|Poverty Year||Survey Year||Official Rate||POVERTY||POVERTY - Official Rate||OFFPOV|
Subfamily Income Recode
According to the Census Bureau poverty guidelines for defining families, a family includes the primary family and all related subfamilies living within the same household. This definition implies that the incomes of primary families and related subfamilies (based on INCTOT) are treated as one family income. Similarly, the relevant threshold must reflect the size of the primary family and related subfamilies added together.
To clarify, consider the following example: a household record lists 8 different persons living within the same household. The primary family consists of 5 people (2 adults and 3 children) and the total family income is 60,000 dollars. The related subfamily consists of 3 people (1 adult and 2 children) and the total family income is 10,000 dollars. The table below shows that, without the proper family income recode, it is possible for a family to erroneously be considered as in poverty.
|Poverty Year||Survey Year||AGE||FTYPE||FTOTVAL||CUTOFF||POVERTY||Corrected FTOTVAL||Corrected CUTOFF||Corrected POVERTY|
|2011||2012||30||1 - Primary Family||60,000||26,844||Above Poverty Line||70,000||38,247||Above Poverty Line|
|2011||2012||32||1 - Primary Family||60,000||26,844||Above Poverty Line||70,000||38,247||Above Poverty Line|
|2011||2012||6||1 - Primary Family||60,000||26,844||Above Poverty Line||70,000||38,247||Above Poverty Line|
|2011||2012||4||1 - Primary Family||60,000||26,844||Above Poverty Line||70,000||38,247||Above Poverty Line|
|2011||2012||2||1 - Primary Family||60,000||26,844||Above Poverty Line||70,000||38,247||Above Poverty Line|
|2011||2012||25||3 - Related Subfamily||10,000||18,123||Below Poverty Line||70,000||38,247||Above Poverty Line|
|2011||2012||5||3 - Related Subfamily||10,000||18,123||Below Poverty Line||70,000||38,247||Above Poverty Line|
|2011||2012||4||3 - Related Subfamily||10,000||18,123||Below Poverty Line||70,000||38,247||Above Poverty Line|
In this example, FTOTVAL does not make the proper recode to give all people within the same primary and related subfamily the same total family income. All people within this household should have a total family income of 70,000 dollars (60,000 + 10,000). Meanwhile, the relevant poverty threshold should be that of 3 adults and 5 children. The corrected family income, cutoff and poverty status show that the related subfamily would erroneously be considered as below the poverty line when, by definition, all the people in this family are above the poverty line. Users may verify using INCTOT that OFFTOTVAL includes the income of related subfamilies.
Differences between OFFPOV and POVERTY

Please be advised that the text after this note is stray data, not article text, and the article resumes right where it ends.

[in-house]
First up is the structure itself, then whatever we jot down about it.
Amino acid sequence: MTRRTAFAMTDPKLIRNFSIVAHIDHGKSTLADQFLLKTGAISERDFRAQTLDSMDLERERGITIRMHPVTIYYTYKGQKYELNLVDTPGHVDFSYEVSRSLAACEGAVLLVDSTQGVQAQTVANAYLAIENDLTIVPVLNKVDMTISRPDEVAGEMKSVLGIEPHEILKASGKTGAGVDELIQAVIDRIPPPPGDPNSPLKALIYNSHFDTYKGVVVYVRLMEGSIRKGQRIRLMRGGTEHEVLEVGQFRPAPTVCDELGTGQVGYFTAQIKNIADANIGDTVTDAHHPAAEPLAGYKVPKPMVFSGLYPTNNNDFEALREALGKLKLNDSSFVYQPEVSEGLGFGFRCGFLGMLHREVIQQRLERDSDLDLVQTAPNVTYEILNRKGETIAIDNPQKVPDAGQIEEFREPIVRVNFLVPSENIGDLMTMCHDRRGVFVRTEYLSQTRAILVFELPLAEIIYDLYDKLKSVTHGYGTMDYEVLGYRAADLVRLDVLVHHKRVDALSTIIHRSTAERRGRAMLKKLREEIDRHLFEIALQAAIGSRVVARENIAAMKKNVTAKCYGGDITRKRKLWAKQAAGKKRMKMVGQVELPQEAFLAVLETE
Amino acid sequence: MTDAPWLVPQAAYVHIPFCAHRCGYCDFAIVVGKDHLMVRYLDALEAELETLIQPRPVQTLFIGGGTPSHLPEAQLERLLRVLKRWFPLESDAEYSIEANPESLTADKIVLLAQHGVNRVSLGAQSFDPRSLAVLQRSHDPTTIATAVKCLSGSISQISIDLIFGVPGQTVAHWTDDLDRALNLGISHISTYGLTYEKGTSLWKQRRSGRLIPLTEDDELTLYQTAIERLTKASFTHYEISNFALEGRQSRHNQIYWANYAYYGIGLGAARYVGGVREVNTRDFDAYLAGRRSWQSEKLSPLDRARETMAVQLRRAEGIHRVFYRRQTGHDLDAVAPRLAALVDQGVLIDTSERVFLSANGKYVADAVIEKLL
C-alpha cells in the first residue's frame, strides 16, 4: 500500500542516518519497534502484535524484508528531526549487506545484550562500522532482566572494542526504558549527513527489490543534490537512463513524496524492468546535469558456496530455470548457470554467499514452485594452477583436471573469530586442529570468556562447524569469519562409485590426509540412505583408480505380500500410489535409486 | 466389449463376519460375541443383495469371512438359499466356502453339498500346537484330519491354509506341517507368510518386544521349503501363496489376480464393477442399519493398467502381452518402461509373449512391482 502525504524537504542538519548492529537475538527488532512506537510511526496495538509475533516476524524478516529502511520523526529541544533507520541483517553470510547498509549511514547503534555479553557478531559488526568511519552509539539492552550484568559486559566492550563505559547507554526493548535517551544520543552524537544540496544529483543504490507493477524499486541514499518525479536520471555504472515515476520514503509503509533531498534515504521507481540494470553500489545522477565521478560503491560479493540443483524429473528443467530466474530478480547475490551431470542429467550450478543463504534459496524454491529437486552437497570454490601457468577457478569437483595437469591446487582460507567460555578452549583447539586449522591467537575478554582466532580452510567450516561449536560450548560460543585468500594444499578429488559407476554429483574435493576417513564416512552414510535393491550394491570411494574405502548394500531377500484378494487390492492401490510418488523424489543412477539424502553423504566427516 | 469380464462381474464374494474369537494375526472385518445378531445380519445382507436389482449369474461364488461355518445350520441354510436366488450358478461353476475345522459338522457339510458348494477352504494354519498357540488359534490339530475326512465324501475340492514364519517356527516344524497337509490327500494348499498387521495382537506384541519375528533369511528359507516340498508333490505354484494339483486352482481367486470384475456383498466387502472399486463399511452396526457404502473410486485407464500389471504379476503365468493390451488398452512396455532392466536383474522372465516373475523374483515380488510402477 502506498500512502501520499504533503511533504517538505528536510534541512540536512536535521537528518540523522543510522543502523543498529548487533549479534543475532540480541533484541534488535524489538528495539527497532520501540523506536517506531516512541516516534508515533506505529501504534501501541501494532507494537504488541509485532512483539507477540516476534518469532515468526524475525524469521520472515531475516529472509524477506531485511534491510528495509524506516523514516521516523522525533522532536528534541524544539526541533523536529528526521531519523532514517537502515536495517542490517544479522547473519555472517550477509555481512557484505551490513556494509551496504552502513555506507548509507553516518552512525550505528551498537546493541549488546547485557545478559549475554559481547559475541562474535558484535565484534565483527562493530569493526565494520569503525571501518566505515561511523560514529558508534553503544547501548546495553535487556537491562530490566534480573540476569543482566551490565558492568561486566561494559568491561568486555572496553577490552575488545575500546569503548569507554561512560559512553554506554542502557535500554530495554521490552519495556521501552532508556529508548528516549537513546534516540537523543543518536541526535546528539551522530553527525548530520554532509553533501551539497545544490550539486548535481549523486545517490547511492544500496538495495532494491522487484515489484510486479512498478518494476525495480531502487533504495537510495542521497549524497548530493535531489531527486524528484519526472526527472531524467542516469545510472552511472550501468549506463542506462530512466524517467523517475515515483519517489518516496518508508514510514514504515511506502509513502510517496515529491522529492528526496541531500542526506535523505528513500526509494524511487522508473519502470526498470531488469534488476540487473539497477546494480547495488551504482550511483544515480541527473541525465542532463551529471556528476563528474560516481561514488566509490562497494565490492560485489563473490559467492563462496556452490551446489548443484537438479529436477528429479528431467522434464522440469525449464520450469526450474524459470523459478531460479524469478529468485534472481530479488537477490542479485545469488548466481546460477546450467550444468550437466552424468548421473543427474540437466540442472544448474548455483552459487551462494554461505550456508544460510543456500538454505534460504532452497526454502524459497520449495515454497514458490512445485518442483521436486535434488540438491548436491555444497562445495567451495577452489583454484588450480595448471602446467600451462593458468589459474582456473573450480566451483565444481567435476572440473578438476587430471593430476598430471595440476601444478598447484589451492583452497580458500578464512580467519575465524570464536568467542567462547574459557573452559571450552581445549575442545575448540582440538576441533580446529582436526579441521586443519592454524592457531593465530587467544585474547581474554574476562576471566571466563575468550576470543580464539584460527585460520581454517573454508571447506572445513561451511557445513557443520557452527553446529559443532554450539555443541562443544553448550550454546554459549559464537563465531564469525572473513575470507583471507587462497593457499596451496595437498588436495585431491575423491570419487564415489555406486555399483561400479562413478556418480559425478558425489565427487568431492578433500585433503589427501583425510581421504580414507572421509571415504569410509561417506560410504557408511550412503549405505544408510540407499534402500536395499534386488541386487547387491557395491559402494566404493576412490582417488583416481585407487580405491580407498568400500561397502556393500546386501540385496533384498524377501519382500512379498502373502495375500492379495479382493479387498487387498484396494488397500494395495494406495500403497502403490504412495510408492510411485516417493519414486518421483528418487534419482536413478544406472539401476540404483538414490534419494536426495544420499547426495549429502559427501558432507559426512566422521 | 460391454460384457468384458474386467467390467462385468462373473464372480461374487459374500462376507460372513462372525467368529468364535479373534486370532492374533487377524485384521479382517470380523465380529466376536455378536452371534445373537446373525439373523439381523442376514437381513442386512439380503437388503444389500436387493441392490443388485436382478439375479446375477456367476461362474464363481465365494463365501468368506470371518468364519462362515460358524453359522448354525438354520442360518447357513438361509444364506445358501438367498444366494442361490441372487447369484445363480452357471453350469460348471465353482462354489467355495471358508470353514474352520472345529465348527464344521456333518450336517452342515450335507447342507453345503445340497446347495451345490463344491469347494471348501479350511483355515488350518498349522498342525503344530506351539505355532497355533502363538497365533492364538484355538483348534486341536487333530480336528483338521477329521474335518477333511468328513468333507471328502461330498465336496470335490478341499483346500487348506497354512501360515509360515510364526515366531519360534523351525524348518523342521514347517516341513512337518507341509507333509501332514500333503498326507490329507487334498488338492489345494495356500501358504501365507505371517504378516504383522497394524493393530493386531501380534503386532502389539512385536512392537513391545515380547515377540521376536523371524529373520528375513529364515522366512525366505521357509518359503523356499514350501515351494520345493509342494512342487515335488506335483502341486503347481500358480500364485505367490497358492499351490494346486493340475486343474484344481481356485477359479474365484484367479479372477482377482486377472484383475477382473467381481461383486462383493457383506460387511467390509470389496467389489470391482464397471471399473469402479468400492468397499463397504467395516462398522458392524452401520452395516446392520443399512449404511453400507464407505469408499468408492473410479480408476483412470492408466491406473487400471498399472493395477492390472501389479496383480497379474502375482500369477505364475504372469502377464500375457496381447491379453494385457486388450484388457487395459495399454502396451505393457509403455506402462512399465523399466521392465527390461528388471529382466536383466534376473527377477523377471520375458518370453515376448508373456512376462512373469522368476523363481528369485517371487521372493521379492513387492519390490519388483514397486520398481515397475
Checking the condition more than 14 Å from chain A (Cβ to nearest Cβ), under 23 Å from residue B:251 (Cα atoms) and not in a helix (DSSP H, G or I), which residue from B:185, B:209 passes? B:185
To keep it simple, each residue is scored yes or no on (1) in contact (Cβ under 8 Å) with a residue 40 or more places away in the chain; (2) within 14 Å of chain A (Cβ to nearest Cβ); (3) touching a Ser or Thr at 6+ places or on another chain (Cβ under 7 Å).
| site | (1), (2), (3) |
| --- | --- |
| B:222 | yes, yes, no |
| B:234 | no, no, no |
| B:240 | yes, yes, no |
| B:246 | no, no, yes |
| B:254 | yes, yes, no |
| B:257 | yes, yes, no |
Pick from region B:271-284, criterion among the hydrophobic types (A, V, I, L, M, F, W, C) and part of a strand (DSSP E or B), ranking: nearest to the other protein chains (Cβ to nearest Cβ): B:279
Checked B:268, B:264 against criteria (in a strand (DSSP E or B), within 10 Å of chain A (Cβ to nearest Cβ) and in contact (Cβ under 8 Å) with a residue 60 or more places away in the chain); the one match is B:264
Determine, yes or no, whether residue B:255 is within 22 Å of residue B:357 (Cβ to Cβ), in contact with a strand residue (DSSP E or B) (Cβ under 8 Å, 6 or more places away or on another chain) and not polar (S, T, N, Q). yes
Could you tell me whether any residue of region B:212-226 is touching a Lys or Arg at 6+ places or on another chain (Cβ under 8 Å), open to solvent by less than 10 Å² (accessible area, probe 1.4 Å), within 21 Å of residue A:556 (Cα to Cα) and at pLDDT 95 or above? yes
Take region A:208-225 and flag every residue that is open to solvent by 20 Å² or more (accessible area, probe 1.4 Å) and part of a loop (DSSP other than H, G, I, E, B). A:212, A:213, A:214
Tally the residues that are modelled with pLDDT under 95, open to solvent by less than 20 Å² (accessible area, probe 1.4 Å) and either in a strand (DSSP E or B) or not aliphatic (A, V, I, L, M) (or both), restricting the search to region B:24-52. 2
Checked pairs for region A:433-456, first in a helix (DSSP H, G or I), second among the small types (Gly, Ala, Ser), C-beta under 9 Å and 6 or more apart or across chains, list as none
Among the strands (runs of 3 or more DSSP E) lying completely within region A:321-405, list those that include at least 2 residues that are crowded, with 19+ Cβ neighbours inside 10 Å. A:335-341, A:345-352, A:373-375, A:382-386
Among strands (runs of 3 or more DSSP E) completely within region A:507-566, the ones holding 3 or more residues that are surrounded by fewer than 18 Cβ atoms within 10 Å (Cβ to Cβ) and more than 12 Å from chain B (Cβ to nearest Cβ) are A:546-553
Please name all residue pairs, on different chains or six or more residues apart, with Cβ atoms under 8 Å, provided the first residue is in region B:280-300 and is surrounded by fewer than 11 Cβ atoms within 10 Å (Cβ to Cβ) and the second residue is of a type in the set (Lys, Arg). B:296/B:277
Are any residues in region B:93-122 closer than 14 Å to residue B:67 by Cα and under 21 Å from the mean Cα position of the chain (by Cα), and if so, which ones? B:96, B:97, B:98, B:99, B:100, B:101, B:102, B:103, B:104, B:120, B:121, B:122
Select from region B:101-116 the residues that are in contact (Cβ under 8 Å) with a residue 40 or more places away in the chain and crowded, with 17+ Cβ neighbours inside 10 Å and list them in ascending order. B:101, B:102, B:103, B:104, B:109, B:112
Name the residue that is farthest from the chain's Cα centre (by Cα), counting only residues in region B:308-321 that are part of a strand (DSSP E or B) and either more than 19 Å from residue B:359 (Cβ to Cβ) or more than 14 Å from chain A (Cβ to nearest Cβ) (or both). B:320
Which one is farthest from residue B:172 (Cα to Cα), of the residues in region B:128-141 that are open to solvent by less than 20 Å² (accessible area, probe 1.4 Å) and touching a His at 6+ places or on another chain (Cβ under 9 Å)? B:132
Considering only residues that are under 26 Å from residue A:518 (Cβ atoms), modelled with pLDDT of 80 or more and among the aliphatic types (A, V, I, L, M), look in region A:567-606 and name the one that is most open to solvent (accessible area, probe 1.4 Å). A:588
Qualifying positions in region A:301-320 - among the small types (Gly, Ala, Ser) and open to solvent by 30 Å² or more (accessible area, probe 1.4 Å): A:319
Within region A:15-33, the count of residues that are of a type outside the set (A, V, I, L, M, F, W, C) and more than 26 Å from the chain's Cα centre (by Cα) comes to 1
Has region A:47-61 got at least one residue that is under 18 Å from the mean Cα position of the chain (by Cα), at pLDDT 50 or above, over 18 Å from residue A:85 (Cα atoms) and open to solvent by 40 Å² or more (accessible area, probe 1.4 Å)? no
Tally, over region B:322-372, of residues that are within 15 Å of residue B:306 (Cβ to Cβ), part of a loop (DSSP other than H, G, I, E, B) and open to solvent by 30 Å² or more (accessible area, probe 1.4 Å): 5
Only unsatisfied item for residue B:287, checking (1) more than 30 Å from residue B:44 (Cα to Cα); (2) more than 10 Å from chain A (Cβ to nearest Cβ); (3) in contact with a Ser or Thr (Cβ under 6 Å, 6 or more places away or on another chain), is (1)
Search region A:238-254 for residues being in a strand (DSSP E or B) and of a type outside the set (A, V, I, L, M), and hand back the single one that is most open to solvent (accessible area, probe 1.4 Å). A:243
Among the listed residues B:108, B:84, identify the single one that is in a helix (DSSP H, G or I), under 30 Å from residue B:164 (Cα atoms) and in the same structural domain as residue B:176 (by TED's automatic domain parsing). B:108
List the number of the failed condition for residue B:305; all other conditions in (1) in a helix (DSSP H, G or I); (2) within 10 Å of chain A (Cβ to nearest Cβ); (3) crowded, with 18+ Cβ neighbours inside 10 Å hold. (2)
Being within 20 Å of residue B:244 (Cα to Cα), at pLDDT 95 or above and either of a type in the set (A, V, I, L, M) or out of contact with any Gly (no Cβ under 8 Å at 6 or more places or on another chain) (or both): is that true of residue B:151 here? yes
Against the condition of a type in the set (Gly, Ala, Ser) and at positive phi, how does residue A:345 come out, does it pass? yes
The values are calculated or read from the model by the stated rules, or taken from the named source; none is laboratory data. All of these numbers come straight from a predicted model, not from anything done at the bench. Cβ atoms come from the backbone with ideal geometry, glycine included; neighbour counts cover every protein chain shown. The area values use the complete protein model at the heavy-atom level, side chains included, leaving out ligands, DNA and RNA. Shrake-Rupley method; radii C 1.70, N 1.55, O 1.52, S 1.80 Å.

The main difference between OFFPOV and POVERTY is a universe issue. IPUMS-CPS attaches family-level variables to each person within that family. In following the Census Bureau data dictionary, IPUMS-CPS does not make any universe adjustment for POVERTY since the data dictionary does not specify a universe. However, since official poverty rates do have a universe specification, this process explains about half of the differences between the OFFPOV and POVERTY classification between each person. If one restricts the poverty universe correctly, POVERTY will replicate official poverty rates for most years except for survey years 2000, 1993, 1987-1975 and 1970. In order to facilitate analysis of the differences between OFFPOV and POVERTY, OFFREASON classifies the differences into three main categories.
First, OFFREASON equal to 01 distinguishes people who have no family income issue but do have either a universe issue or a coding issue. Note that if one restricts the universe to include only those in the poverty universe, then OFFREASON equal to 01 will lists all those individuals who have a coding issue. That is, cases where a comparison of total family income to the poverty cutoff shows that family income is greater than the cutoff but POVERTY classifies them as poor or where family income is less than the cutoff but does not classify them as poor.
Second, OFFREASON equal to 02 codes cases where POVERTY classifies people as poor but these are families with missing family incomes. These people should not have a poverty classification. Again, most of these differences are not an issue if POVERTY is restricted to the proper poverty universe. However, even if this is done, there are some cases where this is an issue.
Third, OFFREASON equal to 03 codes the discrepancies where family incomes do not match. All of these cases are subfamily recode issues. Once subfamily incomes are added to the primary family incomes, the resulting incomes are correct.
Each of these differences are coded with their particular discrepancy explanation through the variable OFFREASON (frequencies are available under the codes tab). Note that the discrepancies are based on a comparison using POVERTY without any universe restrictions.